“There was a crowd of us who used to go out for lunch. Dave Mackay, Alex Young, Jimmy Murray, Bobby Wishart, myself, Jimmy Millar. We’d all played juvenile football together,” said Smith. “Youngy was a wee bit younger than us but we all got on great. His son, Jason, played for Hearts too.

“Youngy had great hopes for him. I remember him telling me that Jason was a better player than him at the same age, but he wasn’t. I knew Alex at that age and he was just a natural.”

Smith has watched every Hearts hero since the 1950s but maintains that only a select few had the ability to be named in the same sentence as Young. “Alex just had such a high standard when he played. He played in the 1956 Scottish Cup final for Hearts. He was outside-right that day - Young, Conn, Bauld, Wardhaugh and Crawford was the forward line. He also played in the team that won the league. He was always a class player. He didn’t have bad games.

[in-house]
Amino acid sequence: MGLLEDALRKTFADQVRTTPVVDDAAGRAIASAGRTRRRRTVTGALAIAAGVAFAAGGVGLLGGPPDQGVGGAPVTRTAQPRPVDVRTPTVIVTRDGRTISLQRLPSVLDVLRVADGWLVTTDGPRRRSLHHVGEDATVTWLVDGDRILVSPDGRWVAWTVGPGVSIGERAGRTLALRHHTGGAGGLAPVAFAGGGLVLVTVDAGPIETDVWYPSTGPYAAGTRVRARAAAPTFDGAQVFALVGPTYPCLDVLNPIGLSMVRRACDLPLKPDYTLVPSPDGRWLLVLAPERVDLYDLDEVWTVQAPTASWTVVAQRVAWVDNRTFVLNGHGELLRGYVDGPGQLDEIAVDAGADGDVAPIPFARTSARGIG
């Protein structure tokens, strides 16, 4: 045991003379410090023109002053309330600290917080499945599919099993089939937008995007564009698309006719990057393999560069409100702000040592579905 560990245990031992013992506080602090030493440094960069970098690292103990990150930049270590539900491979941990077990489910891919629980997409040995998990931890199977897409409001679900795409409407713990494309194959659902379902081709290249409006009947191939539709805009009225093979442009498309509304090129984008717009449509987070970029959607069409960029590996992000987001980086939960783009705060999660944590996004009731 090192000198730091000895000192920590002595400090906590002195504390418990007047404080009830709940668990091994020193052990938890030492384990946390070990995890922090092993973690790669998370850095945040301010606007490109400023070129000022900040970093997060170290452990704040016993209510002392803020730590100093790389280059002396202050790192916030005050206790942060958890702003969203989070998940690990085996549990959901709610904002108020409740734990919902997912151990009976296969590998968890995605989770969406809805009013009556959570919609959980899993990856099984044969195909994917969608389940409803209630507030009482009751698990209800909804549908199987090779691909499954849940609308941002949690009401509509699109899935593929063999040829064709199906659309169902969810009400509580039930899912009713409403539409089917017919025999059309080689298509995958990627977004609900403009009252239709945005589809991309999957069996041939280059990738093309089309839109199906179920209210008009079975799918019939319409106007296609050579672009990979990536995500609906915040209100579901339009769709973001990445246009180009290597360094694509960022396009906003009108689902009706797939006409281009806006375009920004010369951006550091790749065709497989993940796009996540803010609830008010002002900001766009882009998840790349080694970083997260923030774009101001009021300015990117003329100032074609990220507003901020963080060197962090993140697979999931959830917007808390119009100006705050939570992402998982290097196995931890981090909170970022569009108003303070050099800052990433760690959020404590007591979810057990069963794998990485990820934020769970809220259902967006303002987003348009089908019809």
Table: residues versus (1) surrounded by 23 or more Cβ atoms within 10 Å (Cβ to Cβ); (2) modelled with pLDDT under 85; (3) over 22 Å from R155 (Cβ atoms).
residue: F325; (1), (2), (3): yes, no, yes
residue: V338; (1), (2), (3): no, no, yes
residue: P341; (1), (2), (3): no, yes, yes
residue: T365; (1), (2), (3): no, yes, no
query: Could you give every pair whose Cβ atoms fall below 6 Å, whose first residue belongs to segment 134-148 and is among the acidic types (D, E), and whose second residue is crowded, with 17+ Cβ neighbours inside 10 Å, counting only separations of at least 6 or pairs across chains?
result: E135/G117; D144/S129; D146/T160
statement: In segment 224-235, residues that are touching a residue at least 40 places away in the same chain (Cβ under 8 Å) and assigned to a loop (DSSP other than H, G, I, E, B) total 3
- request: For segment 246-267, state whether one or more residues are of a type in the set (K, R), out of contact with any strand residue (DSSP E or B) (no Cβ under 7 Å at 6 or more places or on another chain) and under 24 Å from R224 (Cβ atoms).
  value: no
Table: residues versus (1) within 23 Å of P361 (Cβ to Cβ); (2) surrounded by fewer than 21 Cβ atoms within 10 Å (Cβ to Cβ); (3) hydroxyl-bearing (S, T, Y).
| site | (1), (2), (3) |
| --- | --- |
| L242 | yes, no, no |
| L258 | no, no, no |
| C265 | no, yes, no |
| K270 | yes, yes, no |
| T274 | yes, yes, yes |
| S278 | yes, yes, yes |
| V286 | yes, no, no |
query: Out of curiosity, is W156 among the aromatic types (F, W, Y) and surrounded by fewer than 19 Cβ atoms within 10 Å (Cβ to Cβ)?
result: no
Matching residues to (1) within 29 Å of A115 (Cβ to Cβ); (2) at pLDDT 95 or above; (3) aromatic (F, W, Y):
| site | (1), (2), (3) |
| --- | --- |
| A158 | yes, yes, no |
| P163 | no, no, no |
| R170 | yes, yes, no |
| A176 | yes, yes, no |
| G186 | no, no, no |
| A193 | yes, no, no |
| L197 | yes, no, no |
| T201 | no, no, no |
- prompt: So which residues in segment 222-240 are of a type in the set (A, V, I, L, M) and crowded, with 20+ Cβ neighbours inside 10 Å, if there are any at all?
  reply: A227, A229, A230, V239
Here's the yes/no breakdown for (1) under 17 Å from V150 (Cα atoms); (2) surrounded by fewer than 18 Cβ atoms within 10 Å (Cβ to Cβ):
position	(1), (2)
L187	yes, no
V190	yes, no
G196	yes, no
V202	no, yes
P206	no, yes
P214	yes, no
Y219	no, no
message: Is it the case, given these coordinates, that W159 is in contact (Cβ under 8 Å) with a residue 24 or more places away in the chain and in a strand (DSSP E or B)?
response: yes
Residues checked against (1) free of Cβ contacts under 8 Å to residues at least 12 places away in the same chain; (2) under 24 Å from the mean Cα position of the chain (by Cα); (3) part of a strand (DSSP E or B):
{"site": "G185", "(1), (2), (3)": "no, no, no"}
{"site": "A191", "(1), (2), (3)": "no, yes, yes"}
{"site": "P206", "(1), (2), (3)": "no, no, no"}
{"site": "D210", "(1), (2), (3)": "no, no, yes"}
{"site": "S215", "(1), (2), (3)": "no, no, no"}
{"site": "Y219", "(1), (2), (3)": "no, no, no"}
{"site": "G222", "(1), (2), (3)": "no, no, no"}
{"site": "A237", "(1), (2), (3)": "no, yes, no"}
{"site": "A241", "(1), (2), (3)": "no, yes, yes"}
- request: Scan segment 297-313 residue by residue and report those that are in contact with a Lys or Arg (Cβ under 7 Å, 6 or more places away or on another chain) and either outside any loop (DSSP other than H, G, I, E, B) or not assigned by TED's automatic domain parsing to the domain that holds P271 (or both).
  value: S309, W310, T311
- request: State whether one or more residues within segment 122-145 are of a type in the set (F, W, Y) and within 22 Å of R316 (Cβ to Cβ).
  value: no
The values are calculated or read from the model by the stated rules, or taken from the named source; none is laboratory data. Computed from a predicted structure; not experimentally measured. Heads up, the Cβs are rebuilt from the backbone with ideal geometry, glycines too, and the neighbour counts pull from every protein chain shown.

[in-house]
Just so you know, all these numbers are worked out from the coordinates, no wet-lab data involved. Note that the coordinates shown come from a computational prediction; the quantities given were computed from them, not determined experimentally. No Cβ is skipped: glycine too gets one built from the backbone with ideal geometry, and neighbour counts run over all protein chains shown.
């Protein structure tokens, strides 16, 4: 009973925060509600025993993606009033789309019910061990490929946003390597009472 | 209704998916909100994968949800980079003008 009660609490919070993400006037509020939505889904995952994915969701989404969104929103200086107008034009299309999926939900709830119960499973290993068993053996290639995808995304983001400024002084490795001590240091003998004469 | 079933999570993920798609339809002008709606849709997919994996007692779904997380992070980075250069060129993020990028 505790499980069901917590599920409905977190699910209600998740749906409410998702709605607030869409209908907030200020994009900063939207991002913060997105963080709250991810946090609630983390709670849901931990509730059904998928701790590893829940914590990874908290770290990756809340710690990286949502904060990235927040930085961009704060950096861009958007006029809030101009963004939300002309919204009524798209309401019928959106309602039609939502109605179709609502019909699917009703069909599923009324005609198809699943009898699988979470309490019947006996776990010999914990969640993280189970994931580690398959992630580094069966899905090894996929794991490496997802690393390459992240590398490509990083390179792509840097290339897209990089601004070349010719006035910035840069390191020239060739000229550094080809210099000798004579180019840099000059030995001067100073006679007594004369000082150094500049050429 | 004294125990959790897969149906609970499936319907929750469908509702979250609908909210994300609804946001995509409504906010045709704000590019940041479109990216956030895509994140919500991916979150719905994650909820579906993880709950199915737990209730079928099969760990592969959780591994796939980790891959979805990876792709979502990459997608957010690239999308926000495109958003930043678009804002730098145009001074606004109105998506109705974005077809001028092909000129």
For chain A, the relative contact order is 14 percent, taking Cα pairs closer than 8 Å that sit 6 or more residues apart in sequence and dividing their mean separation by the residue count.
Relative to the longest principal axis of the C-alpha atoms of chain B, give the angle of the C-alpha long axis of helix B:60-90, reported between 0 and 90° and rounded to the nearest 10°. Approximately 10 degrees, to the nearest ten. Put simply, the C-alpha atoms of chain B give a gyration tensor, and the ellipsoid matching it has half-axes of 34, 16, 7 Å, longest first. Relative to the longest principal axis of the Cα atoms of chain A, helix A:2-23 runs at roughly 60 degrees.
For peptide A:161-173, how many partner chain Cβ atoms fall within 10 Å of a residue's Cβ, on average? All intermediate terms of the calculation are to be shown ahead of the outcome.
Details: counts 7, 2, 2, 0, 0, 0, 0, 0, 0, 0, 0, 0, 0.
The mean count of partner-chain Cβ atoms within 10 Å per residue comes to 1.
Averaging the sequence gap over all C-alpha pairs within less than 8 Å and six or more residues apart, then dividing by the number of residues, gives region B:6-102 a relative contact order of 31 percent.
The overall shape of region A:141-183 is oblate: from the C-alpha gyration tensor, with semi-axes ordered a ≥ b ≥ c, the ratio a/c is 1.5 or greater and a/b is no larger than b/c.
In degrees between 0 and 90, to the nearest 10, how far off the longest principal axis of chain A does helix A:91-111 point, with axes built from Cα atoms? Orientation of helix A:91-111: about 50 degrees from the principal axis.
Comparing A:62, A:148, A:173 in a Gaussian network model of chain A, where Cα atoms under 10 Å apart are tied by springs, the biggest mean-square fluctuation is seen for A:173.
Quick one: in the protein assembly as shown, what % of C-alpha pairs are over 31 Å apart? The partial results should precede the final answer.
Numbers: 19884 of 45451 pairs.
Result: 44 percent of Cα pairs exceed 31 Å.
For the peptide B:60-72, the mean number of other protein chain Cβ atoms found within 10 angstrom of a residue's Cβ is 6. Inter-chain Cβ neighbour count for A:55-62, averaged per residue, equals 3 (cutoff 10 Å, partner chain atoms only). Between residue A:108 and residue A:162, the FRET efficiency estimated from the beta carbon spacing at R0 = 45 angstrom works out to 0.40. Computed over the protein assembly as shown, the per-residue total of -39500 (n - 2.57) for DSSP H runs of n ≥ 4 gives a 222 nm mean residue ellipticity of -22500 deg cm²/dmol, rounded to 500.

“That’s the merit of real good players. You don’t look back at one or two good games, you look back at players who played well all the time. These are the great players. ‘Great’ is a word that’s loosely used now. It applies to Maradona and Beckenbauer, but in Britain, Alex was a superstar.”

Young was an inaugural inductee to Everton’s Hall of Fame in 2000.

ALEX YOUNG: THE GOLDEN VISION

• Born February 3, 1937 in Loanhead.

• Signs for Hearts in 1955 from Newtongrange Star.

• Wins Scottish Cup in 1956 aged 19 as Hearts beat Celtic 3-1 in the final.

• Wins Scottish League championship in 1957–58, scoring 20 goals. Two seasons later, scores 23 goals as Hearts win the title again. Also helps Tynecastle club win the League Cup that season.

• Joins Everton in 1960 for £40,000. Wins the league championship in season 1962-63, scoring 22 goals in 42 games. Wins the FA Cup in 1966. Scores 87 goals in 273 appearances for the Toffees from 1960-68.

• Ends career with stints at Glentoran and Stockport.

• Won eight Scotland caps.

• Awarded testimonial by Everton in August 2001 with more than 20,000 attending Goodison Park.